• small pinch of salt

Make Simple Syrup

I saw simple syrup for sale at Trader Joes the other day, which completely flummoxed me. It’s not like it’s called hard-to-make syrup. It couldn’t be easier to whip some up. I try to keep some in my fridge at all times for iced tea or cocktails. Here’s how you make it, if you don’t know already:

Simple syrup is made by heating equal parts water and sugar on the stove until all the sugar is dissolved, about three minutes over medium heat. For two cups of syrup, I combined one cup of water and one cup of sugar in a pot on the stove. Allow to cool completely before use. Simple syrup can be stored in the fridge for up to a month.

If you are making simple syrup fresh for the recipe instead of using some you have on hand, you can add the mint leaves to the syrup so the mint flavor steeps into the syrup. Or you could just toss the mint in with the rest of the ingredients, like I did. I really like the little flecks of green they left in the granita against the bright red of the cherry.

Make Granita

Remove stems and pits from cherries. You can use a small knife if you’re a masochist, or do what I did and buy one of these guys from Bed Bath & Beyond. Combine fruit, syrup, lime juice, Sake (if using), mint (if you didn’t steep it in your syrup), and salt in a blender and blend until liquified. Pour liquid into a shallow casserole dish and put it in the freezer. Set the timer for an hour. When an hour is up, scrape the freezing granita with a fork, breaking up all the ice crystals. Put the granita back in the freezer and set the timer for a half hour. Keep scraping the granita and breaking up the ice crystals every half hour until it’s got the texture of a finely shaved ice. Garnish with fresh mint and serve immediately.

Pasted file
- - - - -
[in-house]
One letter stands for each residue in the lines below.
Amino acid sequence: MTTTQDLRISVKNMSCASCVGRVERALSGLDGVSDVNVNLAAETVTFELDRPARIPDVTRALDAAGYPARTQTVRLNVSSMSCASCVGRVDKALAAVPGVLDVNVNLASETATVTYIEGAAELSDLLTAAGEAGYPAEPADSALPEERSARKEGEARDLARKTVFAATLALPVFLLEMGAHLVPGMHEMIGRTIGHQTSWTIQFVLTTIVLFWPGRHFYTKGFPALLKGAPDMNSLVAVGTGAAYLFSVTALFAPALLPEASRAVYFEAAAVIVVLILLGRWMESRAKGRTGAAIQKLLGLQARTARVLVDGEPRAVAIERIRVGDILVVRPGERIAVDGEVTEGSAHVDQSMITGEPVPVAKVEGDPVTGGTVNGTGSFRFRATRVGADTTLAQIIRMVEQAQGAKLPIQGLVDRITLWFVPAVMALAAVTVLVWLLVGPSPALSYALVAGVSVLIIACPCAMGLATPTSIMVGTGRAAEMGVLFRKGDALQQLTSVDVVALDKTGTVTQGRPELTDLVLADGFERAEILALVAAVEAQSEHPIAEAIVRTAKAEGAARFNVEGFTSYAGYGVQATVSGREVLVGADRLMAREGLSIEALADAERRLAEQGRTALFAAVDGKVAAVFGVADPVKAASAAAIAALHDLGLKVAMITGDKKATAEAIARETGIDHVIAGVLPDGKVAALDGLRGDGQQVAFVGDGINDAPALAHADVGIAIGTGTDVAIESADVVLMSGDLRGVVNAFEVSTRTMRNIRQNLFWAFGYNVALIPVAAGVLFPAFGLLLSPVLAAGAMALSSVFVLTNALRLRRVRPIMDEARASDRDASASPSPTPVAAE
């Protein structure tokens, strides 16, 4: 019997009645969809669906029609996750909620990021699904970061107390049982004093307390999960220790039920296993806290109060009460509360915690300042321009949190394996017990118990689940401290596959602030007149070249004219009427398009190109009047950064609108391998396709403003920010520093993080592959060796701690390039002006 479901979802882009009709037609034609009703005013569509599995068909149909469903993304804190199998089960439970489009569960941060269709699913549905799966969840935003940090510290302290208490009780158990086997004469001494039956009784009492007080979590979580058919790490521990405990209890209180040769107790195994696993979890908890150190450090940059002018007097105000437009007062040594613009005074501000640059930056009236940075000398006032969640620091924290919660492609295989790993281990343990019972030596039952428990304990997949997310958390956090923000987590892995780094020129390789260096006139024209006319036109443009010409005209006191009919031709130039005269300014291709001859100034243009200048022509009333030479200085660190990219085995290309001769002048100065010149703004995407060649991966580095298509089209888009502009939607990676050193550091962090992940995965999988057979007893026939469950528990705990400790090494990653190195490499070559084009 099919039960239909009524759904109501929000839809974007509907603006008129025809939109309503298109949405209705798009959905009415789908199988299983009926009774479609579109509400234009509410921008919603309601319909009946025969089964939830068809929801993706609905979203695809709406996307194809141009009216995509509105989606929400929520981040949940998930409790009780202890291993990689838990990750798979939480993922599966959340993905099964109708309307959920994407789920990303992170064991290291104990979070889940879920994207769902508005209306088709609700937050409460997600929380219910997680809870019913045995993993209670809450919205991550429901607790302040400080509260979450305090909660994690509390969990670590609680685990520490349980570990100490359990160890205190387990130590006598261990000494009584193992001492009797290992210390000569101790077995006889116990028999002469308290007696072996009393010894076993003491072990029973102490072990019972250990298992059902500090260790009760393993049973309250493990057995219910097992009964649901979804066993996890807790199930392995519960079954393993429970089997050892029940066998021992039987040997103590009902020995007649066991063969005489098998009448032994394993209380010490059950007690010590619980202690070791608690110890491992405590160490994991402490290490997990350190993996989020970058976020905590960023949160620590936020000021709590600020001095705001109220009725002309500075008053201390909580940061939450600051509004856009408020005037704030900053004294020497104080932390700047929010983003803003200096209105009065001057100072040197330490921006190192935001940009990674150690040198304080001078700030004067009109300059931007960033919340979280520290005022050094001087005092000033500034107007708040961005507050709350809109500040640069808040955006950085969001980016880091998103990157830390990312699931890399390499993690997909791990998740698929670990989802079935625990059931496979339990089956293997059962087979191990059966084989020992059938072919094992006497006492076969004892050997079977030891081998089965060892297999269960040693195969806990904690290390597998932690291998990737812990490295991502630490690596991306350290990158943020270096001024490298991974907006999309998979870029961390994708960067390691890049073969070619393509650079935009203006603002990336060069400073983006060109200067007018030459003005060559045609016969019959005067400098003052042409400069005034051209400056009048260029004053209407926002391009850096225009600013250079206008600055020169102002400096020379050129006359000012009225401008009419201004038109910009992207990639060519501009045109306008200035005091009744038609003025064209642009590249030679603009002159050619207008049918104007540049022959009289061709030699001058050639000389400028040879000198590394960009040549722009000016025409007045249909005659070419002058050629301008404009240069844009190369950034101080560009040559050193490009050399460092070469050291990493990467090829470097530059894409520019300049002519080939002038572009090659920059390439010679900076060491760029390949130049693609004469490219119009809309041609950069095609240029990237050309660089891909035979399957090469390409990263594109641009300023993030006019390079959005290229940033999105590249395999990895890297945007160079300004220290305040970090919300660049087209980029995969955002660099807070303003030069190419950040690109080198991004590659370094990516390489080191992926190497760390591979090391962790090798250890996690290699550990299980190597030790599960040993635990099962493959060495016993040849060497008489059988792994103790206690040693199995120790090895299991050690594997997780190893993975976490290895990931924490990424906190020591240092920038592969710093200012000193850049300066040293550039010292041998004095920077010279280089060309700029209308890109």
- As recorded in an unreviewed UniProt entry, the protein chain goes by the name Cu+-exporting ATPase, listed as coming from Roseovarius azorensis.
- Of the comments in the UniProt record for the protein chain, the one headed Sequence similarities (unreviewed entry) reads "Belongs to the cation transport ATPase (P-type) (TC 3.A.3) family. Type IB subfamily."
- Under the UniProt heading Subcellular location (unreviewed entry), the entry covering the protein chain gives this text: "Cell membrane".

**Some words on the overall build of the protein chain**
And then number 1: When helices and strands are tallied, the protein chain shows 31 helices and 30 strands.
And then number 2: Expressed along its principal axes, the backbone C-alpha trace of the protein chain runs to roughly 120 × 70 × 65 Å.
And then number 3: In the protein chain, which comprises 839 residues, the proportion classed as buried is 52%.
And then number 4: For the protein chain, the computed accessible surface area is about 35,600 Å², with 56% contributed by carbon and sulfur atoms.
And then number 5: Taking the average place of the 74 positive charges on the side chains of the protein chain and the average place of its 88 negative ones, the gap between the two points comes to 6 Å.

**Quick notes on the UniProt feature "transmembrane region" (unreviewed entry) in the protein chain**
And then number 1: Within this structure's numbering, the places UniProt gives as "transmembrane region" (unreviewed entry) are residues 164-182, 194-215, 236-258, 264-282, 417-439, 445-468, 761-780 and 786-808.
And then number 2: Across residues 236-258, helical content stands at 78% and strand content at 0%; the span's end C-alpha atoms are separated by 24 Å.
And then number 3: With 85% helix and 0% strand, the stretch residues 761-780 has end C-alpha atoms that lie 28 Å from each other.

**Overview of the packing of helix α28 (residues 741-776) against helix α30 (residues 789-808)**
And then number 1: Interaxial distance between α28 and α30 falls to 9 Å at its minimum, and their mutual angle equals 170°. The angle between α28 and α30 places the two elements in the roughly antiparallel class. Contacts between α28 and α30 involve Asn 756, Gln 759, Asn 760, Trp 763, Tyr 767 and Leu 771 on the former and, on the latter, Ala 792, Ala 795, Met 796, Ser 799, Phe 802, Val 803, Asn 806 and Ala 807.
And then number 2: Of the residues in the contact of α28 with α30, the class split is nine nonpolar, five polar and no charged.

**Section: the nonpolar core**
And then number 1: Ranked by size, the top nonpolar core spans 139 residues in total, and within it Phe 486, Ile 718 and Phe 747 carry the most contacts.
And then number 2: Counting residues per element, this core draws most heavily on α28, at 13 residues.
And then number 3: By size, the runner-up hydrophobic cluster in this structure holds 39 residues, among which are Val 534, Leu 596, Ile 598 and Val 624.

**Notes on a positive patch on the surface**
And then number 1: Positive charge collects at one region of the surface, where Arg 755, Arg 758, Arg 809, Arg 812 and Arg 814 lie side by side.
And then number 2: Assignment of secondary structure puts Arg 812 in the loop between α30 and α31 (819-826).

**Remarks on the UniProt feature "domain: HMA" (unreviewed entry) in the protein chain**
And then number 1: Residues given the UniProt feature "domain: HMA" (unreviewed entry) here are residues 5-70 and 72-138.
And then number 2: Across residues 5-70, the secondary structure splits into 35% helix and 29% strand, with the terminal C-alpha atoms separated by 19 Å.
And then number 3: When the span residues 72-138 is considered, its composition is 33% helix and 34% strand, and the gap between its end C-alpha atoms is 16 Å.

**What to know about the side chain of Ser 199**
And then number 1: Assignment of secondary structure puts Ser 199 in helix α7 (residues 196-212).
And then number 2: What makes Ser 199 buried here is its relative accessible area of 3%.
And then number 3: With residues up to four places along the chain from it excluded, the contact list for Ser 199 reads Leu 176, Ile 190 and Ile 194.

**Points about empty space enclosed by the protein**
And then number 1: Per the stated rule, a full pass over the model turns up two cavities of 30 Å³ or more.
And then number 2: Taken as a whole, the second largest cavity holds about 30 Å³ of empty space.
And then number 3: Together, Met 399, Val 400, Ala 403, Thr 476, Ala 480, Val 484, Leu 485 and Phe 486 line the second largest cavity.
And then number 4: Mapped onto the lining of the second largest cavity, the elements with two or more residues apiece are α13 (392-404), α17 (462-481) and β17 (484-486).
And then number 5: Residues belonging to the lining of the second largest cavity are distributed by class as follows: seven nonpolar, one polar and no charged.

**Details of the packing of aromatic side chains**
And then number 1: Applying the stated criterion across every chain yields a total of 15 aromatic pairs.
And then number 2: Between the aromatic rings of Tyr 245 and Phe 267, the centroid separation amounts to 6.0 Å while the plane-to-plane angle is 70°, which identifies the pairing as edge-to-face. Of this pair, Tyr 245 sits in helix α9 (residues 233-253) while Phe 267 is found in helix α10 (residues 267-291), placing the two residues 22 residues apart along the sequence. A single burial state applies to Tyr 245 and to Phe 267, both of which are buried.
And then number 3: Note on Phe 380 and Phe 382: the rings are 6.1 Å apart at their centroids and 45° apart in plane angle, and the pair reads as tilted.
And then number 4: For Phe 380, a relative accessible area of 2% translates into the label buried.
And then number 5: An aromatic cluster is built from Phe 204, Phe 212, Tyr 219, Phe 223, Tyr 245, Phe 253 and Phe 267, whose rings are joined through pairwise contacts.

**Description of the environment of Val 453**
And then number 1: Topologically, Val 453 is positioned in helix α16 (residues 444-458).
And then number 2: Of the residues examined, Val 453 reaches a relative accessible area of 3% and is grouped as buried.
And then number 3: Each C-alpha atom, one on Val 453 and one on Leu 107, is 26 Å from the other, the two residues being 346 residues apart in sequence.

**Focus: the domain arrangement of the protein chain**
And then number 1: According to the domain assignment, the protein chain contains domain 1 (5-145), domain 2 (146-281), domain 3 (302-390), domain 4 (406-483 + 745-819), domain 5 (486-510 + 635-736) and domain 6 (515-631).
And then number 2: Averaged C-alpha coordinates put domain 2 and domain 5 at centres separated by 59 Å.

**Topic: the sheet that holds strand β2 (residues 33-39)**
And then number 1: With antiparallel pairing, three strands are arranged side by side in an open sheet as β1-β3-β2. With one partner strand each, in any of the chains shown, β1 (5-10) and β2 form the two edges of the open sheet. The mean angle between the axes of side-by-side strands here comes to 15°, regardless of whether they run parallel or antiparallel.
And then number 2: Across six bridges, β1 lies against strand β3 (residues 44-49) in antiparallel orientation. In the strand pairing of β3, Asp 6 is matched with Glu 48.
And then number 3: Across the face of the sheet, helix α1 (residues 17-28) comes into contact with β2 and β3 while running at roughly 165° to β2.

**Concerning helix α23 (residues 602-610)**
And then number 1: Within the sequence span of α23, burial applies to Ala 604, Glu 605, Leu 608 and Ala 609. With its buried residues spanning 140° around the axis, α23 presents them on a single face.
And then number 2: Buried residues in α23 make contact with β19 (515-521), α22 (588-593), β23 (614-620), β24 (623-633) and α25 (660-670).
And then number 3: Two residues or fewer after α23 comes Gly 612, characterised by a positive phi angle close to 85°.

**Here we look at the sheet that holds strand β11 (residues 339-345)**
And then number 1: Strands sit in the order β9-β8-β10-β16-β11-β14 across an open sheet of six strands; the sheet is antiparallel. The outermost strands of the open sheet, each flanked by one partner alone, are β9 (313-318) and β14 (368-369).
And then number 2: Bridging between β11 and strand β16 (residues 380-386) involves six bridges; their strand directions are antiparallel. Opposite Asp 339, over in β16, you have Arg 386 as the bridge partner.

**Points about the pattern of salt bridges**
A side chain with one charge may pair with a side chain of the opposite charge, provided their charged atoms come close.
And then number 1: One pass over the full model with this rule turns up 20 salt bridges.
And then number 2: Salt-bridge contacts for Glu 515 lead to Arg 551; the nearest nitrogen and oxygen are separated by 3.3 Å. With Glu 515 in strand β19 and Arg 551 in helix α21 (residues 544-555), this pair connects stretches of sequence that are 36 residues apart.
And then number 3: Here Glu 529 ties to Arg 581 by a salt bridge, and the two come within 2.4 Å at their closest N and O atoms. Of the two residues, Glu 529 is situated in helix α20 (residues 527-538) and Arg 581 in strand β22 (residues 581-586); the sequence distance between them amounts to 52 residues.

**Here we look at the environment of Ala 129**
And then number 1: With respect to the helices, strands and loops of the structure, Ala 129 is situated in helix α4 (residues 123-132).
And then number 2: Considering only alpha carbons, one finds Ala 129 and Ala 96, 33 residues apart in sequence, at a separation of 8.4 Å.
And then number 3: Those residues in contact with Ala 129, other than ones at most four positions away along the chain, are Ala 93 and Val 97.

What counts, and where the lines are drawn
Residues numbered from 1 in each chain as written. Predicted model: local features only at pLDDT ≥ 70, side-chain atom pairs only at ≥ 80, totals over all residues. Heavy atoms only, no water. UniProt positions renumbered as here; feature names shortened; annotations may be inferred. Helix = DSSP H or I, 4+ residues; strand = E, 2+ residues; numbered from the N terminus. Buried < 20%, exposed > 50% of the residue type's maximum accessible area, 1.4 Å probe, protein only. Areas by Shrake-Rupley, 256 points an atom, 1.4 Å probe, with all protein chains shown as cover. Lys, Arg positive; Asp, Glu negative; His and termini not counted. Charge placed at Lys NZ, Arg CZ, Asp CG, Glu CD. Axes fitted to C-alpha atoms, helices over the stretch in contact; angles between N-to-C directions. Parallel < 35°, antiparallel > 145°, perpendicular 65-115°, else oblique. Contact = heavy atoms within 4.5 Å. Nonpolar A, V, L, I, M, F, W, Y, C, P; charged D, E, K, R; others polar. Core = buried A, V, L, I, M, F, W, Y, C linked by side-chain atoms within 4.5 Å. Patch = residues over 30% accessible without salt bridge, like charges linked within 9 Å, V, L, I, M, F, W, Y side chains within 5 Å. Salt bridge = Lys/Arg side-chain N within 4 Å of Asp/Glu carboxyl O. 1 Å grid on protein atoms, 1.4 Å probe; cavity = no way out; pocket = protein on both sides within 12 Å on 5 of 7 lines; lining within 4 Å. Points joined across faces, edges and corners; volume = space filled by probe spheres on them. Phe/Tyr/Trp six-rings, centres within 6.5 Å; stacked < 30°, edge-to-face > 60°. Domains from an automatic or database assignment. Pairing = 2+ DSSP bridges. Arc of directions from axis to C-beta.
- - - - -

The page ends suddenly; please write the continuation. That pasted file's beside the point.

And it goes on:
Note: The more granita you make, the longer it will take to freeze. Mine took most of the afternoon. Once it’s made you can freeze it for two-ish weeks. The texture will be more icy and less fine the longer it’s kept, so I recommend eating it sooner rather than later. As if you’d be able to resist.

summer in a glass

How Tuesday – Make a Rockin’ Interval Playlist

15 May

image from run like noone is watching on tumblr

If you’re anything like me, music is a powerful motivator to get moving. Heck, let’s be real; if you’re a human with a pulse, music is a powerful motivator to get moving. I made a goal for this week: to do something exercise-ey every day. Today I set the alarm early to get up for a 40 minute Booty Call, and I’m goin’ a-running! I’ve had the idea to make a playlist specifically for interval running sessions – because I find it so much more satisfying to run intervals based on the length of a song than on an alarm on my watch – so I thought I’d take today’s How Tuesday to share mine with you, and show you how to take all the guess work out of making a rockin’ playlist of your own, custom made for your workout needs.

Step One:

Decide what type of a workout you want to make a playlist for. I wanted about an hour of music for interval training. Interval training means changing up your pace, so I decided to shoot for a more-or-less equal number of songs falling within three ranges of BPM (beats per minute). For hard running I wanted a BPM of between 180 (optimum running tempo) and 170-ish, for jogging I wanted songs in the 160’s – 150’s BPM range, and for walking any BPM’s in the 140’s to 120’s would do me just fine.